As Cynthia danced yet another time with the other Clyde, she could see the other Bonnie dancing again with Shane, holding her husband too closely, occasionally whispering into his ear what Cynthia imagined were suggestive, erotic words. The other Clyde told Cynthia that jealously was a wretched emotion, a wicked green-eyed monster that can shred one’s emotions, and if his Bonnie wanted to rob a bank with someone else and then have a wild sex romp afterward in a cheap motel room, he wouldn’t mind.

“We could pull off a few heists together,” the other Clyde went on, whispering close to Cynthia’s ear, much in the manner the other Bonnie whispering to Shane.

“Bonnie and Clyde met a horrific end,” Cynthia said firmly, and stepped away from the other Clyde.

“That was in a Hollywood movie, not real life. The movie-makers got it all wrong. That is, the cops killed the wrong folks, and we got away.”

“That is obvious, isn’t it? But shouldn’t you be somewhat older, Clyde, say over a hundred? Bonnie and Clyde were killed in 1934, after all, he twenty-four and she twenty-three”

“Heck, deals can be made, potions can be found. I saw Mephistopheles over by the refreshments a little while ago, having a chat with Dillinger,” the other Clyde said, moving close to Cynthia again, and quickly gave her a kiss before she could avoid his lustful lips.

“By the way, that green-eyed monster you mentioned, and I can handle, thank you, is from Shakespeare, who I much prefer reading than dancing with you,” Cynthia said sharply to the other Clyde, and hurried away to the opposite side of the large room.

At the start if the last song before the costume judging, Edvard asked Typhoid Mary, wearing a surgical mask, to dance. Earlier there had been heated debate among some of the other costumed partyers that Typhoid Mary wasn’t nefarious because she had been asymptomatic and didn’t believe she was infecting others, but a veterinarian dressed as Mr. Hyde eloquently argued that since she refused to cooperate with medical authorities on many occasions, the results if not the intent were nefarious and therefore Typhoid Mary qualified as nefarious.

Edvard was the first person to ask Typhoid Mary to dance all evening. “I insisted she wear the surgical mask. Nice touch, wouldn’t you say albeit a bit of an anachronism? Maybe she’ll take it off later, but I think that’s prospective irony, if you get my drift,” he said to Cynthia and Shane, who were dancing together not far away from them.

“Not exactly, Edvard,” Cynthia responded.

“It hardly matters. Wait until the judging. First prize is incredible.”

“A get-out-of-jail-free card?” Shane said, having recently commented on how much jail time some of the characters had served, and even attempted to estimate an aggregate total of time, at least a thousand of years, he estimated, spent incarcerated by those costumed characters at the Halloween dance.

“A five-million-dollar life insurance policy, with the yearly premiums paid for a hundred years, in case the winner has longevity in their family,” Edvard said, offering a mischievous glance in Cynthia’s direction.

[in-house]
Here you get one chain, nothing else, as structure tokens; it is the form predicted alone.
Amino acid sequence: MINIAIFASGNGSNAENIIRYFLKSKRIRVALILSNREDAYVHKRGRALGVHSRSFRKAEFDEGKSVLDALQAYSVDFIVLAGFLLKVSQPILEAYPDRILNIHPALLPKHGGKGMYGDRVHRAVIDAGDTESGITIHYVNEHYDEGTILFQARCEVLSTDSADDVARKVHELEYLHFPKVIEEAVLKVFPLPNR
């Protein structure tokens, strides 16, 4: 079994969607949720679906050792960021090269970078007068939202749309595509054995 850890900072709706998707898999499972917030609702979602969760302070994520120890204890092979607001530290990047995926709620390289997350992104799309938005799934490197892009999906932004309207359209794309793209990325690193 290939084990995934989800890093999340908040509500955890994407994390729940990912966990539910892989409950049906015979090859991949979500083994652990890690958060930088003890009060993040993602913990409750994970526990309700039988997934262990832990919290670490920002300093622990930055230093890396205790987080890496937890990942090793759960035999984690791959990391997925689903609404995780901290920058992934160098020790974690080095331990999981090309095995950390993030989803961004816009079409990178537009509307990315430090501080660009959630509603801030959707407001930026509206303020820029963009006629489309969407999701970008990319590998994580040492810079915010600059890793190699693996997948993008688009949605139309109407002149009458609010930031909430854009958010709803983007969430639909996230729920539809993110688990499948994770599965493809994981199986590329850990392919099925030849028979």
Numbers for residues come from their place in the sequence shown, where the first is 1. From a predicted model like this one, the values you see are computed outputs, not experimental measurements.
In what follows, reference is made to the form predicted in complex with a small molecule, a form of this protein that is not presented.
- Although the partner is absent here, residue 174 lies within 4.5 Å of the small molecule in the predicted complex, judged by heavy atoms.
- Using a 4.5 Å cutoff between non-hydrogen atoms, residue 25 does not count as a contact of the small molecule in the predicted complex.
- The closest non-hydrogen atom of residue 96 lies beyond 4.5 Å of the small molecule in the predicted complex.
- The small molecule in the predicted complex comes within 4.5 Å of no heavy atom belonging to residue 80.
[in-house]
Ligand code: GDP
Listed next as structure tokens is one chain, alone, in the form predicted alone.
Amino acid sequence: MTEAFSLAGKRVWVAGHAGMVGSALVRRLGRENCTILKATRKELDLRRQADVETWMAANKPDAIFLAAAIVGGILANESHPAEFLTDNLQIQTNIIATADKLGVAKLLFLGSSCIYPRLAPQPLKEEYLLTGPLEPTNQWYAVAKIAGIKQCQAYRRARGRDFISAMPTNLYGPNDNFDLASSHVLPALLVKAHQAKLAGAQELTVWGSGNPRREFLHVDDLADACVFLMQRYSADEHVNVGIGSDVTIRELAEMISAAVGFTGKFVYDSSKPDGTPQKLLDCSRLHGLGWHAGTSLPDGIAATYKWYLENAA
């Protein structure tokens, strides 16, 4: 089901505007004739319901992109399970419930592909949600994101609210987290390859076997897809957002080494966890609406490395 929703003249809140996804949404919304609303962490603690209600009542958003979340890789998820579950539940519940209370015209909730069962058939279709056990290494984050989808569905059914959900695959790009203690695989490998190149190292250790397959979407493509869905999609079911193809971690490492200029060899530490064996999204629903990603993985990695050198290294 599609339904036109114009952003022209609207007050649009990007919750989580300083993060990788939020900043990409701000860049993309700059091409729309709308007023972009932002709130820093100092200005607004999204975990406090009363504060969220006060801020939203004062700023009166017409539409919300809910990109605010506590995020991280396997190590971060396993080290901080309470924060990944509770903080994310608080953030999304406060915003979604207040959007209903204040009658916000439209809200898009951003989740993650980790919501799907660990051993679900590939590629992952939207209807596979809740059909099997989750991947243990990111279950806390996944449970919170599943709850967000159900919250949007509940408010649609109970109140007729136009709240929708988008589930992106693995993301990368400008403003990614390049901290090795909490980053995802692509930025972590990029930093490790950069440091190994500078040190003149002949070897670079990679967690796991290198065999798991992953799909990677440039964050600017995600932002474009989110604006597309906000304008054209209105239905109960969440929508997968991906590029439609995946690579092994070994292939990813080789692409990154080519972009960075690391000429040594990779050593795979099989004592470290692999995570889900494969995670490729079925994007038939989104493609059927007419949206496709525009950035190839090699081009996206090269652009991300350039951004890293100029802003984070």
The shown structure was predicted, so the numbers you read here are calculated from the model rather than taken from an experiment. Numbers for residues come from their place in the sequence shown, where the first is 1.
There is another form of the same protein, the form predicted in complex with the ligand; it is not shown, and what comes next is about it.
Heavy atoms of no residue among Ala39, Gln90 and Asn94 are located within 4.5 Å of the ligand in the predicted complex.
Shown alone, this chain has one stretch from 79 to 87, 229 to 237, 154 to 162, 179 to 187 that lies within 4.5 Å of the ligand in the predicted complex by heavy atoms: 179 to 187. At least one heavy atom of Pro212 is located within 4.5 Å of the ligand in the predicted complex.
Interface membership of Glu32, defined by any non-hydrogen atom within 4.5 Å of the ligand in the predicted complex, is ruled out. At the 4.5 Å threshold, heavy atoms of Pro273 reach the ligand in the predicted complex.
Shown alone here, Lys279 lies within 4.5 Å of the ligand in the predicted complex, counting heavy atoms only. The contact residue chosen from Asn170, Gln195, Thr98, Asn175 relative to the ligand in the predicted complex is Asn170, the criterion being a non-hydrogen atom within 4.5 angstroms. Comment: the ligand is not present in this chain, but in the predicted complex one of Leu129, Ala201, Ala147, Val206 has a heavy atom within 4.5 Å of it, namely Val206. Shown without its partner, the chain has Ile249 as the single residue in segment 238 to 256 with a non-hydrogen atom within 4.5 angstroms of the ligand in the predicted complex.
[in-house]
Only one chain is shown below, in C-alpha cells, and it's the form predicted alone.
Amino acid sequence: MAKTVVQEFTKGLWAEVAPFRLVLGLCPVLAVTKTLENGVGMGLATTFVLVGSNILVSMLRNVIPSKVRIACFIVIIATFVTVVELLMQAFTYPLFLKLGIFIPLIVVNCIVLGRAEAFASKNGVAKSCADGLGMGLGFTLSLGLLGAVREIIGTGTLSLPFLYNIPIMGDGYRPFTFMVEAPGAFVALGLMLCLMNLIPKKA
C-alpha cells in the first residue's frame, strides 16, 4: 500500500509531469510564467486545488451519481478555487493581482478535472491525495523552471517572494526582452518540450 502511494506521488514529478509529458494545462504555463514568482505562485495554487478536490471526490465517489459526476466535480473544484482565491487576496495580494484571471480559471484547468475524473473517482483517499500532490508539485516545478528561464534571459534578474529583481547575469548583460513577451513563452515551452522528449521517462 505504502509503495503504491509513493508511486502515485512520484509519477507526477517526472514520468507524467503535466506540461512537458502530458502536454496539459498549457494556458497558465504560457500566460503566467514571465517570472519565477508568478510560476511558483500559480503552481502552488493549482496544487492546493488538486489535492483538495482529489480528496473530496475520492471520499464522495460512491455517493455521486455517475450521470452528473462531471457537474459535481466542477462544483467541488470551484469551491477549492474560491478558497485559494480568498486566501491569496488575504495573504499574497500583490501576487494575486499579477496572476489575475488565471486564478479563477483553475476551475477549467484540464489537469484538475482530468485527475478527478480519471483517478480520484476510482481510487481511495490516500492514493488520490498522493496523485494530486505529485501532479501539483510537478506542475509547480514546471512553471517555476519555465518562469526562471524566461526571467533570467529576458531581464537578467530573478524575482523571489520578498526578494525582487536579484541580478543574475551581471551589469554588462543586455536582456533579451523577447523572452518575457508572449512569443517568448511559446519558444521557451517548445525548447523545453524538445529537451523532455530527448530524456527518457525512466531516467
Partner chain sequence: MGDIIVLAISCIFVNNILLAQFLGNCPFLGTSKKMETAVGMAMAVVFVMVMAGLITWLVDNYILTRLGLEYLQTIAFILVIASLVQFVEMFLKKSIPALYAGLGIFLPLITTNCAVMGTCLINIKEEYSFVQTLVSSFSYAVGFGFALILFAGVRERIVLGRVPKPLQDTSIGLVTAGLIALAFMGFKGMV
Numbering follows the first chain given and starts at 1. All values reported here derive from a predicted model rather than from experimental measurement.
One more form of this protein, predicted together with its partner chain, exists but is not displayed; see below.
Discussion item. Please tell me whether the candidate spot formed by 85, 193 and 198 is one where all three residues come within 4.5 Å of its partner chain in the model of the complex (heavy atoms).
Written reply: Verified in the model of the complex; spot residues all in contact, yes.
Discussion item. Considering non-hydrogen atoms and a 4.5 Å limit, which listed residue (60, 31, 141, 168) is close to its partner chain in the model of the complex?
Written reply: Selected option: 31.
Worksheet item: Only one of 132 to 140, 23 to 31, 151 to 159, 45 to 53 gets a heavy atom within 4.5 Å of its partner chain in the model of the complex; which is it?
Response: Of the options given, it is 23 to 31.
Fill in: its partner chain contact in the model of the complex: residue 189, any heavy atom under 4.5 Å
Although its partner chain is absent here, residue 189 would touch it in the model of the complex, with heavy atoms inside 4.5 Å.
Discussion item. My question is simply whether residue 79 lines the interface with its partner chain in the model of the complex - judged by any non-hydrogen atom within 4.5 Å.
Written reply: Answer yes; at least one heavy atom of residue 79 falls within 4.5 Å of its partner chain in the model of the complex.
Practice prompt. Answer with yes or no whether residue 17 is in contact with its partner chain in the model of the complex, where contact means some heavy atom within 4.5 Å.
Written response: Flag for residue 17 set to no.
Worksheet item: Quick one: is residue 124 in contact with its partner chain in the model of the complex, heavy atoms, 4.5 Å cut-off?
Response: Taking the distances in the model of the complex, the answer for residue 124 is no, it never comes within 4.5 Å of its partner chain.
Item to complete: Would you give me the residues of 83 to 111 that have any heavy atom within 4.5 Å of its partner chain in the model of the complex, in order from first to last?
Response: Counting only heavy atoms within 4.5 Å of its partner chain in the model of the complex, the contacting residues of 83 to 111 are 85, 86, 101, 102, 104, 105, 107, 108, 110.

“I already have adequate life insurance, Mr. Poe.”

“One can never have enough life insurance. I’m sure Cynthia would appreciate the bigger policy.”

“Don’t forget the booby prize,” Typhoid Mary said, raising her voice in excitement.

“What would that be?”

“Later, Shane. Hold your horses and keep on your pants.”

“What an odd term, booby prize, isn’t it?”
But apposite…and authentic,” Edvard said, just as Cynthia joined the group standing around the gregarious organizer of the Halloween dance.

Edvard revealed that he had won three times in the last twenty or so years and the booby prize twice, “Hard to fathom that, but it’s all relative and subjective and unpredictable,” he said, rubbing his Edgar Allan Poe moustache.

“Why would anyone want the booby prize?” Cynthia asked, shaking her head in bewilderment.

“One must have a booby prize, the coveted booby prize. The booby prize consists of the first and last place costumes ending the evening with a romantic dance, depending on sexual preferences, but I‘m sure you know what I‘m getting at. I’ve seen first and last place smooching and the opening sparks of a romantic relationship. Well, last year, a dapper Beelzebub and a drab-looking Angel, albeit an Avenging Angel, really hit it off. They had to be pried apart or they’d still be kissing. They married last week, less than a year after that monumental osculation. I understand they are in their honeymoon in a hot climate, at Beelzebub’s suggestion.”

Sweeney Todd and Typhoid Mary won in a tie, and Cynthia and Shane received the booby prize. The band began their final number, and Sweeney Todd took Cynthia onto the dance floor, and Typhoid Mary pulled a reluctant Shane toward the centre of the dance floor as all the other costumed partyers formed a cordon around the two dancing couples, as if they were contemplating escape, “There’s no escaping this tradition,” Edvard said, seeming to be reading their minds, or at least their body language.

Near the end of the dance, Typhoid Mary removed her surgical mask and gave Shane a deep kiss he would never forget, he already starting to look more than a little ill.

“Typhoid Mary is about as authentic as you can get,” Edvard said, “even if she wasn’t nefarious in her heart…”